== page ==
Inputs overview

The new input database is divided into four sections: Nations, Militaries, Locations, and Leaders. Due to the complete overhaul of the database, it has been moved to a new URL entirely. A link to the new Map Game Database can be found here. Note that its title is changed from "War Score Database" to "Map Game Database". While this database is primarily used for the pre-war scores used in the war algo, it can also serve as a basic fact sheet for all nations and players across the Map Game. The most basic and useful information about each nation is listed at the front: name, ideology, ethnicity, religion, etc. However, while this basic information is very useful as a quick factsheet, they play very little role in the actual outcome of the war.

Most entries in the database have a corresponding default value that is hard-coded into the algo. As a result, they may be left blank whenever it is unknown or unimportant. Certain values for each tab are required, however, as will be indicated in their section. Note that there are no longer any separate tabs for "Navy" or "Sea Location". As mentioned earlier, the algo automatically decides from context whether or not to treat the battle as naval. Thus, as discussed in the military section below, both navies and armies are listed in the same tab, as well as amphibious units that use both.

For mods: if needed, you may add extra information on extra columns to the far right. Do not change the order of the columns or insert anything between columns, and please do not merge any cells. Error messages should gracefully inform the user whether the selected entries are invalid, and where the problem lies.

Each input value usually comes in three flavors: continuous value, ordered list, and unordered list. A continuous value is self explanatory. An ordered list is a hierarchy of values, where some values are better desired than others. However, note that even though an ordered list is always strictly increasing, they do not always have the same exact number. In the software invisible to the user, the same input value can be translated as different numbers in different situations. An unordered list does not imply any strict hierarchy, and can be listed in any order. For these inputs, whether or not there is a bonus depends entirely on context, usually in combination with another unordered list. For example, a Theocracy may be very beneficial for the Stability of a Muslim or Christian state, but very detrimental for a Secular or Atheist state.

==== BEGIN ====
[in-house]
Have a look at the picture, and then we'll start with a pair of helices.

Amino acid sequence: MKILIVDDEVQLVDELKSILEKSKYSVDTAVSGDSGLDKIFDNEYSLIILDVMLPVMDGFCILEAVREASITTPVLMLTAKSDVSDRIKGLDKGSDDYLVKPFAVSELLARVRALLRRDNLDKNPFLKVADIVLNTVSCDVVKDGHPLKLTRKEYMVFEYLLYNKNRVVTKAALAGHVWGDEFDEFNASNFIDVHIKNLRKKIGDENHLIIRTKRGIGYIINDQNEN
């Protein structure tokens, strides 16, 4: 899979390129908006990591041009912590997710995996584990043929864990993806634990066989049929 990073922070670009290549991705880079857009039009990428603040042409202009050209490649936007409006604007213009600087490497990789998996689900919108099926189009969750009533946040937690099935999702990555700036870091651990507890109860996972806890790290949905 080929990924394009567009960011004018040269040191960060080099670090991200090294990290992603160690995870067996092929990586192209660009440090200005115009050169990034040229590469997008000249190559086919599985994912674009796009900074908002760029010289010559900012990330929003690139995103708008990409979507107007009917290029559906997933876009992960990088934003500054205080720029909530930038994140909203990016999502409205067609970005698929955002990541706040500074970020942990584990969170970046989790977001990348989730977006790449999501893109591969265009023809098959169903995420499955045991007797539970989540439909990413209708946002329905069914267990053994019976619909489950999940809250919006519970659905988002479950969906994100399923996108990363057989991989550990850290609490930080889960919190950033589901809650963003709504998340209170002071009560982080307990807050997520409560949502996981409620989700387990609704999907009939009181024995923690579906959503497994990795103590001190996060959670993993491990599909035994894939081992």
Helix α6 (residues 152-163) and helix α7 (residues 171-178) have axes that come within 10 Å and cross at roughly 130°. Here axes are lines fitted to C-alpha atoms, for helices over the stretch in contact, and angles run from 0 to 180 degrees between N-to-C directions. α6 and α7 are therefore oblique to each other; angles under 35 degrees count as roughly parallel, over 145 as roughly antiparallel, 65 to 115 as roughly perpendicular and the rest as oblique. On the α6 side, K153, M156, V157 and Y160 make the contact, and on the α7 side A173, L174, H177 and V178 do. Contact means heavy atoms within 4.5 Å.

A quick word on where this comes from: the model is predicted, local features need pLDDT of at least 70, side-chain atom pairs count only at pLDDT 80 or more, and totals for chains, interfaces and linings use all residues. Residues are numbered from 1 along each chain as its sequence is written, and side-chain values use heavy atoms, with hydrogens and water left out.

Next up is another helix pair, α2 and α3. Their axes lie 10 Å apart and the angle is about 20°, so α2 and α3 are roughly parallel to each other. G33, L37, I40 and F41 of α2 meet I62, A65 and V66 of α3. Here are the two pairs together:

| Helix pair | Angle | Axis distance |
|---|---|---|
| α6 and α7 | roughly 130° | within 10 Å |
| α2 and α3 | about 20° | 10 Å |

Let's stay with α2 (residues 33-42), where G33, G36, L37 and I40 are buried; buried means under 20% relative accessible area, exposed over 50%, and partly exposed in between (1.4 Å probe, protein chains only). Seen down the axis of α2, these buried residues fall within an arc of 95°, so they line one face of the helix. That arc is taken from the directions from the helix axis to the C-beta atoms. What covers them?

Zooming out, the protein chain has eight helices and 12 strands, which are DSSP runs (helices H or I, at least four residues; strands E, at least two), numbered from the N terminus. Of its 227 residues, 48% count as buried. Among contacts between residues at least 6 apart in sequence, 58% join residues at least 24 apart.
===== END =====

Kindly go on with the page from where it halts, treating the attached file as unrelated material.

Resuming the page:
The only input that is not read from the database is the motive, which is selected on the GUI itself. The motive represents the overarching reason for the war, which applies symmetrically to both sides. The motive by itself does not comprehensively describe the casus belli, but rather sets the tone for the war's paradigm. Working as an unordered list, the possible values for the motive can be:

  • Conquest - Functionally default, the act of one nation trying to assert direct control over another
  • Ideological - The war is driven by the National Ideology, whether that is religious, political, ethnic, etc.
  • Economic - The war seeks to assert some economic influence or financial dispute
  • Hegemony - The belligerents find themselves at war due to supporting mutual allies, but otherwise have no vendetta
  • Existential - Both sides claim a defensive motive, feeling as war will inevitably lead to mutual destruction. It is very rare, and gives the largest bonus

While the motive is symmetric to both sides, the National Ideology is relative to the belligerent. Thus, the combination of Motive with Ideology represents the proper casus belli for that specific nation. Combinations of motive with Ideology, Religion, Ethnicity, and Federal Government all result in minor bonuses to overall morale. Otherwise, motive has no other function in the algo itself.

Nation

The nation tab lists all the information relevant to the war that is associated with belligerents involved. In this phase, there are still only two belligerents allowed (one attacker and one defender). Thus, coalitions or alliances must either be listed under the leading nation, or added as a temporary new entry. Mods should keep the stability scores updated, especially for nations that go to war frequently. As stated above, this tab can be used as a quick reference on basic stats for individual nations, regardless of whether it is at war or not. Because of this, all information should be kept up to date as much as possible, at the very minimum once per algo.

Although the Nation tab has the most inputs, the majority of these are only used for determining the occupation score, stability loss, or very minor bonuses or penalties during the battle. The table summarizing the new inputs are shown here:


Name Type Range of values Default value or required Significance
Population Continuous value 1-8 billion Required Moderate